The Others


Money talks, and the Wongs and Muhammads of this world are speaking louder in New York City politics. From 1989 to 2001, the number of contributions to municipal campaigns from those two surnames quadrupled as the population of Asians—a broad category that includes people from the Middle East to the Far East—grew faster than any other group in the city. Yet the ethnic calculus of this year’s mayoral campaign is still limited to blacks, whites, and Hispanics, according to the Marist and Quinnipiac polls, which report results only for those three groups, omitting a tenth of the city’s people.

Yes, merely a tenth. “For us, we’re still not that big,” says John Abi-Habib, a person of Lebanese descent and a vice chairman of the Brooklyn Republican Party, who helped found a Middle Eastern political coalition eight years ago, “but then we have over 50,000 registered voters in this city.” And that number is growing, partly as a reaction to negative fallout from September 11. “The last four years, we must have registered thousands and thousands of people to vote,” Abi-Habib says, “and they see the importance of it because they know their voice has to be heard.”

The black-white-Hispanic-obsessed lingo aside, mayoral candidates in 2005 are hunting votes in neighborhoods where the signs might be in Arabic, Urdu, and Cantonese. “I think all the candidates are paying more attention to the Asian American vote—the existing Asian American vote as well as the fast-growing numbers of Asian American voters,” says City Councilman John Liu of Queens, where 50 percent of the city’s Asians live, composing 18 percent of the borough’s people.

Liu noticed that this year all four Democratic contenders showed up for a debate he set up, while in 1989 no campaign even replied to invitations to an Asian American forum. Elsewhere in the city, among the hundreds of council candidates are a few names from these emerging groups, like Dilip Nath and Renee Lobo in Queens and Naquan Muhammad in Brooklyn. City Council Speaker Gifford Miller has held two press events featuring high-profile Asian supporters, including York Chan, whom some refer to as “mayor of Chinatown.” And Virginia Fields got into trouble when a campaign mailer faked a photo featuring Asians.

Mayor Michael Bloomberg’s campaign, meanwhile, boasts the backing of the Chinese-language Sing Tao newspaper, which the mayor’s campaign calls “the first-ever such endorsement in the paper’s 40-year history.” Bloomberg 2005 also has set up Asian Americans and Pacific Islanders for Bloomberg, a group headlined by a Korean from Long Island, an Indian American businessman from Queens, and a Pakistani dentist from Staten Island.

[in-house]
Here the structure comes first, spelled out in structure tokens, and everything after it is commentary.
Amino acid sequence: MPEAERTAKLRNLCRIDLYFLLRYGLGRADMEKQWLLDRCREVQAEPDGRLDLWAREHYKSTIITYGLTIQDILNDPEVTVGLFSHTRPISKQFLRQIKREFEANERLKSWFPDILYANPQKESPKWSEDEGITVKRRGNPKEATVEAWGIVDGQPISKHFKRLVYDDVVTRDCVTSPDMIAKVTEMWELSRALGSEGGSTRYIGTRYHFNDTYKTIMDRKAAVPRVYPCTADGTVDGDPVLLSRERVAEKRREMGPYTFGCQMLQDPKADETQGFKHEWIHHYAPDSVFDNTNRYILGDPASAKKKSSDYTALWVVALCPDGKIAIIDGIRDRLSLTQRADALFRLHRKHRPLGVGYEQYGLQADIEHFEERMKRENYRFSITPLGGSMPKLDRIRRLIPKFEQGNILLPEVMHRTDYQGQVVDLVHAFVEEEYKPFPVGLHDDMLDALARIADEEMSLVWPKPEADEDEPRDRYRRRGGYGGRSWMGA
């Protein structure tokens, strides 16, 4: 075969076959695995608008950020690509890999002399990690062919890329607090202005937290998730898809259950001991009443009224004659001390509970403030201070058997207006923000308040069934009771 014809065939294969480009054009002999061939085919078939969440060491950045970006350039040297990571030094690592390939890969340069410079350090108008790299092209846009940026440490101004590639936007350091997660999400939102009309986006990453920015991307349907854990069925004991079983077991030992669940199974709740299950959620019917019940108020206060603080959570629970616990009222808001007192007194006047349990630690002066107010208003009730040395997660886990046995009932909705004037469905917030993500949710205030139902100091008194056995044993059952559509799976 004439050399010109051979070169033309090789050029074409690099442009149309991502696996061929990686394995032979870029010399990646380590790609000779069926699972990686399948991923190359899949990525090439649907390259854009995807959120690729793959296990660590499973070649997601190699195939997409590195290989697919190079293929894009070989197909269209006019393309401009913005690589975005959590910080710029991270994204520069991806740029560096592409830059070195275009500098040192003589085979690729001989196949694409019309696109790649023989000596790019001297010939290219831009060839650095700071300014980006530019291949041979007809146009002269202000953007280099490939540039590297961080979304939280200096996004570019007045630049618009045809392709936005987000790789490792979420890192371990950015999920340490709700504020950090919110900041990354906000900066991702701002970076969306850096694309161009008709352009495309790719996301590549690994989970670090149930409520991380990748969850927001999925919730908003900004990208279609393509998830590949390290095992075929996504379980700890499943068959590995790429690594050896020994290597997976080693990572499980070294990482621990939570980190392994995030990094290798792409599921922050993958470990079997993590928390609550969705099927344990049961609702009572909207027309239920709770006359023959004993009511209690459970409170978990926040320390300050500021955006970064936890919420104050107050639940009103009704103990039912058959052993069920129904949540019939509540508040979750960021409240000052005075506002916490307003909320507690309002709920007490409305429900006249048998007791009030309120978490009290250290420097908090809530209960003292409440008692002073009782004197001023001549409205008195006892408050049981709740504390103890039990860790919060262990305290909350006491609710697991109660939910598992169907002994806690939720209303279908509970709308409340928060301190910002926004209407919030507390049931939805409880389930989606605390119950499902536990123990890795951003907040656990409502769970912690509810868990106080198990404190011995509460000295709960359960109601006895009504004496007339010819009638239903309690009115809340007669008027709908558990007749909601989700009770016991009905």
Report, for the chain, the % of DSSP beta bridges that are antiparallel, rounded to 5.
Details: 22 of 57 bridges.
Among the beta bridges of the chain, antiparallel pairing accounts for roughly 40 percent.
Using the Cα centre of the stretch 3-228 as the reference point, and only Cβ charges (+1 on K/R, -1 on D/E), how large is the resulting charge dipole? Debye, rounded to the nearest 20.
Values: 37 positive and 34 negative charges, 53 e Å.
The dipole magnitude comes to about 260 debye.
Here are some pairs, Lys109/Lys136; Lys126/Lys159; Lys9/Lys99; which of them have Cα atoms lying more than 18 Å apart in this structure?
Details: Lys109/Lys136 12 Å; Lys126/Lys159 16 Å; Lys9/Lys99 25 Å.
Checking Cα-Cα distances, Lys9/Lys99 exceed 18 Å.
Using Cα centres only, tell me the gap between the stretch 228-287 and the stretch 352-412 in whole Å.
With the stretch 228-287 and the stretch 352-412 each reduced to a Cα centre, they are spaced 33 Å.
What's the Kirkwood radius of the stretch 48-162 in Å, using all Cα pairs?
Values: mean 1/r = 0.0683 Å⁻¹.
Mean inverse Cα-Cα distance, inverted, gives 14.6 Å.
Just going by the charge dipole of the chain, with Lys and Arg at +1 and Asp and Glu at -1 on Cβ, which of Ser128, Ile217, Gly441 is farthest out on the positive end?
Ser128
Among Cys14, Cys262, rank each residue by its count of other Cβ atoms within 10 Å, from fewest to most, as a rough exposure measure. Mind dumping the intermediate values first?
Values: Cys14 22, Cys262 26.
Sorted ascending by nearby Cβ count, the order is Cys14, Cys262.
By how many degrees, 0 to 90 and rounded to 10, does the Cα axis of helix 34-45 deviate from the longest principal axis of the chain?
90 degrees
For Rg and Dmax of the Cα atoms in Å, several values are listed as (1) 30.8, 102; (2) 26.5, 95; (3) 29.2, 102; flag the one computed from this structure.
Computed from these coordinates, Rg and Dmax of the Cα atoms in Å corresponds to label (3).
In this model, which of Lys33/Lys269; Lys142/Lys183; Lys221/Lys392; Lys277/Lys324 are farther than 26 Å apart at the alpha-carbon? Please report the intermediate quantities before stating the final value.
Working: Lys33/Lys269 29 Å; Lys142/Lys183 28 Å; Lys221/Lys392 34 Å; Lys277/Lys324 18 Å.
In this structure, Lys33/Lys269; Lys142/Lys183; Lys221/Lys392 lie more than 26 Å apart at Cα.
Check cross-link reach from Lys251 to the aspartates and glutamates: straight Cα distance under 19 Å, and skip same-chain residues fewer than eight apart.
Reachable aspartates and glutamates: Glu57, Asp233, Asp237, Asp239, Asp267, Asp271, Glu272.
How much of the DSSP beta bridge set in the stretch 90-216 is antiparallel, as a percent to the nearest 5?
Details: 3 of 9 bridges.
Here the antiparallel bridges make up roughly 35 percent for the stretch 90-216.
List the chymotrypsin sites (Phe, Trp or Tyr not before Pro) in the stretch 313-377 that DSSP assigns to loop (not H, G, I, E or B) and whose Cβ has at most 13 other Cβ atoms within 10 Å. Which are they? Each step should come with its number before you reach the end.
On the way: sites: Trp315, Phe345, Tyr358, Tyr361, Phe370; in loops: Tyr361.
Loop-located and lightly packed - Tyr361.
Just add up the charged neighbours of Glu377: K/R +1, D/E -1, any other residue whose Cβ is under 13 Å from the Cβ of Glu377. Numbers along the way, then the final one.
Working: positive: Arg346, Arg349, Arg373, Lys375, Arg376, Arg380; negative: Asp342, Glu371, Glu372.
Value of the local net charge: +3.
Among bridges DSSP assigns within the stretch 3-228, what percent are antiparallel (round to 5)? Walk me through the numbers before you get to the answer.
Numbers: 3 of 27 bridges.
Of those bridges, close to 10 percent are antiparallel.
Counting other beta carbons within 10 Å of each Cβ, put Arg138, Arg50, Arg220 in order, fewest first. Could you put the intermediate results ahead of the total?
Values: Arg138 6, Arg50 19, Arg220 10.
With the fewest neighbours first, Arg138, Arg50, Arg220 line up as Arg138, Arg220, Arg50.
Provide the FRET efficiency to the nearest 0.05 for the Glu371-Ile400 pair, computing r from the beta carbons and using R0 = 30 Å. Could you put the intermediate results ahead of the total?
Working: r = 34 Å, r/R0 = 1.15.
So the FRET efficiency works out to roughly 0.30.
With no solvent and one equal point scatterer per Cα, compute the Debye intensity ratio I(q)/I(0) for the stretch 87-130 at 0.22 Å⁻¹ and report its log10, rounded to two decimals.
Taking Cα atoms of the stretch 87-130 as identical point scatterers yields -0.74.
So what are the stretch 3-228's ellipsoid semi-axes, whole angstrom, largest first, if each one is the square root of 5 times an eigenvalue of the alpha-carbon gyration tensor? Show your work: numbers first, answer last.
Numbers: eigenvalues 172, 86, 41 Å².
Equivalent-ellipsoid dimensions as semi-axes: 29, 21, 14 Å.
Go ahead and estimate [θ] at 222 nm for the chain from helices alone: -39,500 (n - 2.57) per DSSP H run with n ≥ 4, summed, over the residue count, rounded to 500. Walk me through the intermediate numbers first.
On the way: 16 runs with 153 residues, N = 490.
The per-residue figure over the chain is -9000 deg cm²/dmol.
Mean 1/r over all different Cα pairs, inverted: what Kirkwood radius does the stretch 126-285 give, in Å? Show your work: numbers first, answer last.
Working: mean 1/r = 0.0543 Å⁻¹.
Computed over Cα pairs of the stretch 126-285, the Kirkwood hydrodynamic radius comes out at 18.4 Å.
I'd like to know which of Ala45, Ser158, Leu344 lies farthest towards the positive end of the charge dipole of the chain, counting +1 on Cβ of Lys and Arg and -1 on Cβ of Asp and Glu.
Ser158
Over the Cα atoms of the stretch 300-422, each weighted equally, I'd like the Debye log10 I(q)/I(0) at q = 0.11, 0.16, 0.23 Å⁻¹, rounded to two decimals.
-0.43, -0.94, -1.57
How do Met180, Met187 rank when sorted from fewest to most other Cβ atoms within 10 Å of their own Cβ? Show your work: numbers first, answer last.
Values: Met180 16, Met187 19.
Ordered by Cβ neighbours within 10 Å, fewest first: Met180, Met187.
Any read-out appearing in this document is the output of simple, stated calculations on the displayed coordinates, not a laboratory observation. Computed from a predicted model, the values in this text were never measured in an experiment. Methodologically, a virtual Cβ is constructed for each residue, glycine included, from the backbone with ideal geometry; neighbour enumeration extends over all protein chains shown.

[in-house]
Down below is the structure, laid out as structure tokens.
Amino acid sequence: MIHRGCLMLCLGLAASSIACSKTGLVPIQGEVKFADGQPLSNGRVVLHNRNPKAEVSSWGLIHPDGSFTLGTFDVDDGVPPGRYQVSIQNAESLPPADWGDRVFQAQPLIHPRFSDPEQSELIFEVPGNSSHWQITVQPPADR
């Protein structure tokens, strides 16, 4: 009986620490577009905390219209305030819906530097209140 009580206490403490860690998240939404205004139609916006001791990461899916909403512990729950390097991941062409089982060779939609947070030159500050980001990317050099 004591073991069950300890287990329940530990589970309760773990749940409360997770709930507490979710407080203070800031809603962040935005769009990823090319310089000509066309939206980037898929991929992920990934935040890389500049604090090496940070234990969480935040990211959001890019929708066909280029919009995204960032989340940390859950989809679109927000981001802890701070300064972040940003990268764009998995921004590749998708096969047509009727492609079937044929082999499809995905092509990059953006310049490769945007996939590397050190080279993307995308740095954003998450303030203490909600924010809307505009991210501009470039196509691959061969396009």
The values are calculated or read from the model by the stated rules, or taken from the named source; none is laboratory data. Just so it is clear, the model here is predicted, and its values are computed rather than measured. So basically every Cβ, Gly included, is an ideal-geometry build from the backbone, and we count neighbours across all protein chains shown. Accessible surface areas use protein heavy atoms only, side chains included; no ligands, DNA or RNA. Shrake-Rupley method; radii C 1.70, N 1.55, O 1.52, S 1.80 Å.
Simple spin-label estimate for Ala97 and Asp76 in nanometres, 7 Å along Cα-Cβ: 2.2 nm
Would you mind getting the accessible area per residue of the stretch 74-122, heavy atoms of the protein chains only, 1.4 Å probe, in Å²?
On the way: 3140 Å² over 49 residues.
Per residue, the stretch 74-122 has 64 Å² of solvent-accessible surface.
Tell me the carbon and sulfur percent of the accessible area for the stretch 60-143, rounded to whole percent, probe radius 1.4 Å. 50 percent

Ethnic labels are crude by definition: You’re black whether you just flew in from Senegal or are descended from slaves shipped to U.S. shores centuries ago. Latinos include light-skinned Cubans and Indian-blooded families from Ecuador. But the categories make some sense if common concerns affect the people they cover. And while Asian and Middle Eastern New Yorkers care about failing schools, high rent, rats, and all the usual urban woes, they also worry about things that other groups needn’t fear.

“There are lots of issues that Asian Americans share,” said Liu, “one being the immigrant experience, being relatively recent immigrant arrivals. And Asians also suffer from a perpetual-
foreigner syndrome, meaning that you could be a fourth- or fifth-generation Asian American but still somehow it’s difficult to believe that you’re an American. I get that: First they compliment me on my ability to speak English, and often I get asked, ‘Well, where are you from?’ and for some reason people refuse to take Flushing for an answer.”

For Arab and Muslim New Yorkers, there’s the added fear of profiling. “What’s different for us,” says Abi-Habib, “besides addressing taxes, crime, auto insurance—the difference to us is awareness: We need education for people in the public sectors so they understand when they talk to people they don’t label them.” Contrary to popular belief, Abi-Habib says, 75 percent of Arab Americans are non-Muslims.